Trigger log traffic again and see if anything shows up. If nothing shows up you're in good shape. Now we've verified the negative lack of unencrypted traffic but let's look to see if we can prove it is transiting out of the system securely by watching secure traffic:
tcpdump -i any -nn -v port 6514
tcpdump -i any -nn -v udp port 6514
Hopefully at this point you'll see some lines come across as logs are triggered. It will be all garbled as you're seeing the TLS packets themselves but their existence and garbled nature are a great sign... congratulations!
If you aren't using Syslog, your logs are probably going over HTTP(S) even if it's wrapped up in several layers of vendor libraries or daemons. It's really hard to list all the configurations to check, but we can still audit the traffic with tcpdump.
HTTP(S) traffic can be pretty noisy on many hosts, when we're checking this we'll limit to traffic originating from your host as that should be much less noisy. NOTE: change "10.0.0.10" to your host's IP address in all the tcpdump commands below.
tcpdump -i any src host 10.0.0.10 and port 80
Trigger log sending and see if any traffic shows up, if it's nothing or just other outgoing HTTP connections from your box you're in good shape. Let's also check HTTPS:
tcpdump -i any src host 10.0.0.10 and port 443
Traffic here can be hard to discern from other outbound connections but look for your logging vendor's hostname as a target of one of the packets, if they're showing up here you're in good shape!
If a vendor is controlling the HTTPS send via a library or daemon it could still be possible for them to "break" the encryption by bypassing TLS security checks when configuring their HTTPS library. This can be especially common on old or embedded system where TLS certs are hard to configure. The most common bypasses are checking the hostname and certificate validity, here are instructions to verify both of those.
This is a little harder to verify but worth your time if you're sending critical data to your logging provider.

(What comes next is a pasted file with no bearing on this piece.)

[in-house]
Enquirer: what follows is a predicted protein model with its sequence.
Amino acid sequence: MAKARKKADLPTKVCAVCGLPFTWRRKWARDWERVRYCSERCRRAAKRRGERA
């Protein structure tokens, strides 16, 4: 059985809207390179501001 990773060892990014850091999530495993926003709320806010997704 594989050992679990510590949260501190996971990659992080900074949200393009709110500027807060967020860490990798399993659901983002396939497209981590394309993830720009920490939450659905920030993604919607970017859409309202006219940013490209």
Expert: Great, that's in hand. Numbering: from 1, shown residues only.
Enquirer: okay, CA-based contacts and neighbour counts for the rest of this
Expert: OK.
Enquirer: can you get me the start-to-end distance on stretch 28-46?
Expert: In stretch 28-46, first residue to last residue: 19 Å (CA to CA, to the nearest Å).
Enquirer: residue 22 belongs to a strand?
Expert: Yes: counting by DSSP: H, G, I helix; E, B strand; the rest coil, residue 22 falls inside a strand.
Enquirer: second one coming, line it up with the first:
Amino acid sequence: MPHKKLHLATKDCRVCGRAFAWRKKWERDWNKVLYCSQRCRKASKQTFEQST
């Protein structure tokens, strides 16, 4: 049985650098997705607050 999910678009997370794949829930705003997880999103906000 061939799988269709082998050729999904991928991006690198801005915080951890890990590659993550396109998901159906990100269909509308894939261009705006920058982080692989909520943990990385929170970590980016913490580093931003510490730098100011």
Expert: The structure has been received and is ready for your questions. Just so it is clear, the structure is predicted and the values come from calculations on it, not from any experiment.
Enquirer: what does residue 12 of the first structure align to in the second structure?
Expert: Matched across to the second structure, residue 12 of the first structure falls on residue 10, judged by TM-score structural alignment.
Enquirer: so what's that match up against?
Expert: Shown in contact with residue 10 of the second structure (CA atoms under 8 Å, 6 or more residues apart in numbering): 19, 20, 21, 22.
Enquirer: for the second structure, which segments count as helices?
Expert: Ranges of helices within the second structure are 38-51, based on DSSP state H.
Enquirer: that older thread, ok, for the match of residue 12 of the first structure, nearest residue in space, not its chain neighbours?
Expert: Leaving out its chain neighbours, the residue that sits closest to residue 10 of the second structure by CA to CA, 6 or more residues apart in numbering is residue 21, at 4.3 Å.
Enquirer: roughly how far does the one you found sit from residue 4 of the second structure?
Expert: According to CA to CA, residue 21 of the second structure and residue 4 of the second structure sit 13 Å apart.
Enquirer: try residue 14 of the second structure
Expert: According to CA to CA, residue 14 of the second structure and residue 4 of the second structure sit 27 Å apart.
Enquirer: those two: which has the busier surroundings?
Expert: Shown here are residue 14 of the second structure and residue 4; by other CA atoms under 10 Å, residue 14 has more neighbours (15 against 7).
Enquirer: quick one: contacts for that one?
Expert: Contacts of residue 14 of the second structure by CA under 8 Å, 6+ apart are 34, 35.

First we'll need to set up an "HTTP echo server" on a separate machine like this:
docker run -d -p 443:443 danthegoodman/https-echoserver
Note that it's listening on 443 and will terminate TLS but it is not a secure server, the TLS certificate is self-signed. This is what we want in this rare case!
Now configure the box that you're application is running on by editing
/etc/hosts like this:
10.0.0.1 with the IP of the machine running your echo server and
ingest.loggingprovider.com with the hostname your logging provider uses to receive logs.
If you now trigger log lines to be sent and they show up in the echo server you'll know that they've disabled hostname and/or certificate checking as we don't have a valid certificate for their domain! Report this to your provider as that’s one big glaring security hole.
Whew, that was a lot of work!
We know security is hard and it's a confusing world out there (Syslog was first released in the 80's when security was an afterthought at best!). But we hope these tips were able to make it a little less painful and a bit quicker. Reach out directly if I can help walk you through the securing of your systems or to learn how Wrble can reduce your logging spend while improving security.